This is really the bottom of the barrel when it comes to ginger chocolates. I mean, surely it's not, but it doesn't even approach the level of other ginger bars I've tasted. On this blog so far we've seen examples from Dagoba, New Tree, and most notably, Chocolove (if you want to see the selection, it's tagged under "spice.") I tried to remember what I loved so much about the Chocolove ginger bar -- the dark chocolate was enlivened by the ginger's spice, sugar, and warmth. It was a warmth sensation, tempered by the earthy, semi-sweet chocolate. Chocolove just works with really great ingredients and makes a delicious chocolate, add-ins aside.

So the problems here were twofold: the chocolate was not that good -- stale, dry, dusty -- and the ginger was dead -- no chew, no spice to speak of, no warmth. It was like freeze-dried papaya or something. Tasteless. Not disgusting at all, just tasteless -- utterly boring. It's worth noting actually that I quit eating this bar halfway through and turned instead to my multi-pack of Kinder Buenos. I award this bar a C-.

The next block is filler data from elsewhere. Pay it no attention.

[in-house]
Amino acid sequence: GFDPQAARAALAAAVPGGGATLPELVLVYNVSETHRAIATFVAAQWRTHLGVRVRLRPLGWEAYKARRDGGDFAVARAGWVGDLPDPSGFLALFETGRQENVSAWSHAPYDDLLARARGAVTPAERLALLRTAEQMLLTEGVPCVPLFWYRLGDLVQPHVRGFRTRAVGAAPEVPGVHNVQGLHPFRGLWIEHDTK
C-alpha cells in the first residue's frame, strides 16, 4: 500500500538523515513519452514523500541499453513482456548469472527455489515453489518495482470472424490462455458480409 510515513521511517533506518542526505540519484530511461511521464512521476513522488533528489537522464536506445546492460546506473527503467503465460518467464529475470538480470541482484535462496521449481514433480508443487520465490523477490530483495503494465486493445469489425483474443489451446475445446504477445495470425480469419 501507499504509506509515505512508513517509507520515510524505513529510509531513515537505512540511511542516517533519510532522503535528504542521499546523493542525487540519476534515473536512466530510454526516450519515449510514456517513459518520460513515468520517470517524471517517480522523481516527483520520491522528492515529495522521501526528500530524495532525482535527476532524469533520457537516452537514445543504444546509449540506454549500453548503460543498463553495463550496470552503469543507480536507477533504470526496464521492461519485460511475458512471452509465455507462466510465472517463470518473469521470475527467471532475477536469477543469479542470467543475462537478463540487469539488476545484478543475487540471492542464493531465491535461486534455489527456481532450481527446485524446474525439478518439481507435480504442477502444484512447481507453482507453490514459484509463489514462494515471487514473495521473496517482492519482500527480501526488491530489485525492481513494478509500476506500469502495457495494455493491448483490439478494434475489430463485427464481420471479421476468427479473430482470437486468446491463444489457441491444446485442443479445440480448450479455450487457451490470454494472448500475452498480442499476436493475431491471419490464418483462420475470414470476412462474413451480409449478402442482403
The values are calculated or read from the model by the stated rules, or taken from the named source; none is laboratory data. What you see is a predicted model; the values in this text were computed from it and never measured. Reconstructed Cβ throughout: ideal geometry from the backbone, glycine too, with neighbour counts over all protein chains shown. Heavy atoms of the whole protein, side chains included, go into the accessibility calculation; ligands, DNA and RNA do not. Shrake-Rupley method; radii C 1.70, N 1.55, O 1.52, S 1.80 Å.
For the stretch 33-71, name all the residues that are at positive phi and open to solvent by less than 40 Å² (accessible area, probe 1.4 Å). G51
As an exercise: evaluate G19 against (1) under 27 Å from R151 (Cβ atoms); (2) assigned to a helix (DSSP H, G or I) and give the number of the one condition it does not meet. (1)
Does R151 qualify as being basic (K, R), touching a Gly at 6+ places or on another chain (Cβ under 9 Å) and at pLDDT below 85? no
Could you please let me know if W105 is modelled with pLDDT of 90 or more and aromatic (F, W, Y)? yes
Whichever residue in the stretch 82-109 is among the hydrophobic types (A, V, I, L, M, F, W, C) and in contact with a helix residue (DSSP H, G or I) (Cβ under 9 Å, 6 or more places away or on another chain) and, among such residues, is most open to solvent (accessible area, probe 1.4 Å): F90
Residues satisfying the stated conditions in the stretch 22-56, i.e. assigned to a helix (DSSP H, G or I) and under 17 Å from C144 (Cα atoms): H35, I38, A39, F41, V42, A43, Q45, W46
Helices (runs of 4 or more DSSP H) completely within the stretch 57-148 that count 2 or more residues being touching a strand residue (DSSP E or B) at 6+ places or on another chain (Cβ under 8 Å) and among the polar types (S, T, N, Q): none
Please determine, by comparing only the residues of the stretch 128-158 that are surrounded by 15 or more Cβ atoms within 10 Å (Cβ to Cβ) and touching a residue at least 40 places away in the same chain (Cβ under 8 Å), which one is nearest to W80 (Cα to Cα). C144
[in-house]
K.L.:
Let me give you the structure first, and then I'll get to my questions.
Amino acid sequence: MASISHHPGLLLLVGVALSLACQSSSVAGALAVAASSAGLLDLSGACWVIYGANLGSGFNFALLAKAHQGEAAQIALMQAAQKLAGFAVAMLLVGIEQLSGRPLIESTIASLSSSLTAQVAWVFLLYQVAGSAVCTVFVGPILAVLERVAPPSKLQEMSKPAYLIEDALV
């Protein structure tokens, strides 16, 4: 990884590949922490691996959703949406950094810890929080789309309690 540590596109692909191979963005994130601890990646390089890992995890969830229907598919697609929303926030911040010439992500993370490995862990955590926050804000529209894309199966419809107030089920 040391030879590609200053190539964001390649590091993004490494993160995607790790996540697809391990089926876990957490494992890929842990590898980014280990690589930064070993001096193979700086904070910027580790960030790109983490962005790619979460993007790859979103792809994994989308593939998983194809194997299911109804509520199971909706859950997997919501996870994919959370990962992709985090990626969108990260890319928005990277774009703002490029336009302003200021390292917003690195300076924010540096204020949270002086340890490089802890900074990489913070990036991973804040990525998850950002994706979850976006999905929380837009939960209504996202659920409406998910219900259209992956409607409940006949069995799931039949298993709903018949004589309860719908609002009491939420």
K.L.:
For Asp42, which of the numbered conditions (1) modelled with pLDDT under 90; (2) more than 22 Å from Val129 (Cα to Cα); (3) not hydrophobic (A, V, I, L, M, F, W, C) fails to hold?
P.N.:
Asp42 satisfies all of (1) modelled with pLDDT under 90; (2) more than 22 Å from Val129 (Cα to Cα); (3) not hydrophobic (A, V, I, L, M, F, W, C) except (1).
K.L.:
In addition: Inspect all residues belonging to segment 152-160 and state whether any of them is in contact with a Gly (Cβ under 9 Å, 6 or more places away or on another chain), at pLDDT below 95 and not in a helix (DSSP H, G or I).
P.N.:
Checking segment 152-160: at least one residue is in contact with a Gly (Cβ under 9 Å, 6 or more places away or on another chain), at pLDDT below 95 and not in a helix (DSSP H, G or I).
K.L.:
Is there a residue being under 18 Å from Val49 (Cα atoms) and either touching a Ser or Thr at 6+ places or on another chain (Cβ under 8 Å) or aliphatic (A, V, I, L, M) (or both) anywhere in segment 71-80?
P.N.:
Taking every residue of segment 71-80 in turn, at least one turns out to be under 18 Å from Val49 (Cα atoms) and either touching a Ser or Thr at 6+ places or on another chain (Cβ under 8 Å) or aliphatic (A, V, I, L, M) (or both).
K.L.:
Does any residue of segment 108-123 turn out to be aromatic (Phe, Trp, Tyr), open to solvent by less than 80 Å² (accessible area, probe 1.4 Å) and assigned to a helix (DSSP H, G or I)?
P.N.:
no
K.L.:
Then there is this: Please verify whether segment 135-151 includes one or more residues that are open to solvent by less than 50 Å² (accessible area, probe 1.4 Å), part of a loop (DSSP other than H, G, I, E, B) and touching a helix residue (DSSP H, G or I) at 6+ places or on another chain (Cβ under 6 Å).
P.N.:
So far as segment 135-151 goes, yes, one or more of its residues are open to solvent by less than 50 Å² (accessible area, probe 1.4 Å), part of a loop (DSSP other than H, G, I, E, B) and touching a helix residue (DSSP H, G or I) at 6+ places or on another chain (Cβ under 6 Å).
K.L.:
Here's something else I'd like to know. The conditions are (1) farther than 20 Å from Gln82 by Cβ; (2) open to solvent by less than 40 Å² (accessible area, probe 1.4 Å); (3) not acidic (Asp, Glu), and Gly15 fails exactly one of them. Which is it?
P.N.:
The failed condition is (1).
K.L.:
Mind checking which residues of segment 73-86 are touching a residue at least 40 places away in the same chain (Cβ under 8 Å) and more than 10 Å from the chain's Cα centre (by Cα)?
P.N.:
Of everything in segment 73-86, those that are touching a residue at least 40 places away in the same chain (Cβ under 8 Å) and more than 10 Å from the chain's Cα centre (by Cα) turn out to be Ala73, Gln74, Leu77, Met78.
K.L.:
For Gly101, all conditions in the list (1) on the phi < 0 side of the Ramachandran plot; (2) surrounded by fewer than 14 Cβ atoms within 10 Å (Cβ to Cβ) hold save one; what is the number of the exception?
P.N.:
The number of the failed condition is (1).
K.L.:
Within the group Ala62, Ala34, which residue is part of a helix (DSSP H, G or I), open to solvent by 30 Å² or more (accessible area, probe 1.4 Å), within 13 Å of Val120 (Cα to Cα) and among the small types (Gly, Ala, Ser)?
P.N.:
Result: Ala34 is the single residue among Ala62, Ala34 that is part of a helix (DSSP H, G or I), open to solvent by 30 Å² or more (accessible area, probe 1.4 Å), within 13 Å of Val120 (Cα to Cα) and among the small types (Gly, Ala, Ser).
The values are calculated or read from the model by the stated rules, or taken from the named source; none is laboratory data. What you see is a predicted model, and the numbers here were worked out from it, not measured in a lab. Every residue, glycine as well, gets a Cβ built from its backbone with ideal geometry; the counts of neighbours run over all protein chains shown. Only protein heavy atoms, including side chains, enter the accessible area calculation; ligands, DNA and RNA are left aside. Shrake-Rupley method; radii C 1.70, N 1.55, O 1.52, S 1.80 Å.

Thursday, October 15, 2009

Hanf Natur: Canalade Hemp Chocolate

The theme of this week's bar is "Other Things We Have Known, and Liked." No, not really: a botanist may have to set me straight on this one, but I think the marijuana leaf is a little misleading; hemp is the fiber that is cultivated from the stem of certain cannabis plants -- but not the psychoactive variant. That's why chewing on your hemp bracelet at summer camp never got you high -- and this bar won't, either.

Hanf Natur: Canalade Hemp Chocolate
Cocoa content: 33%
Notable ingredients: hempseed (peeled and roasted)
Origin: n/a

Where to begin? Let's start with: since when do people eat hemp? Apparently health-food people eat it all the time. It contains all the amino acids, plus some calcium and iron. It gets ground up into meal, and incorporated into soy products, milk alternatives, and nut butters. And apparently, the hemp food market is big enough that there is such a thing as "Europe's biggest hempfood producer" -- and, guess what -- it's Hanf Natur.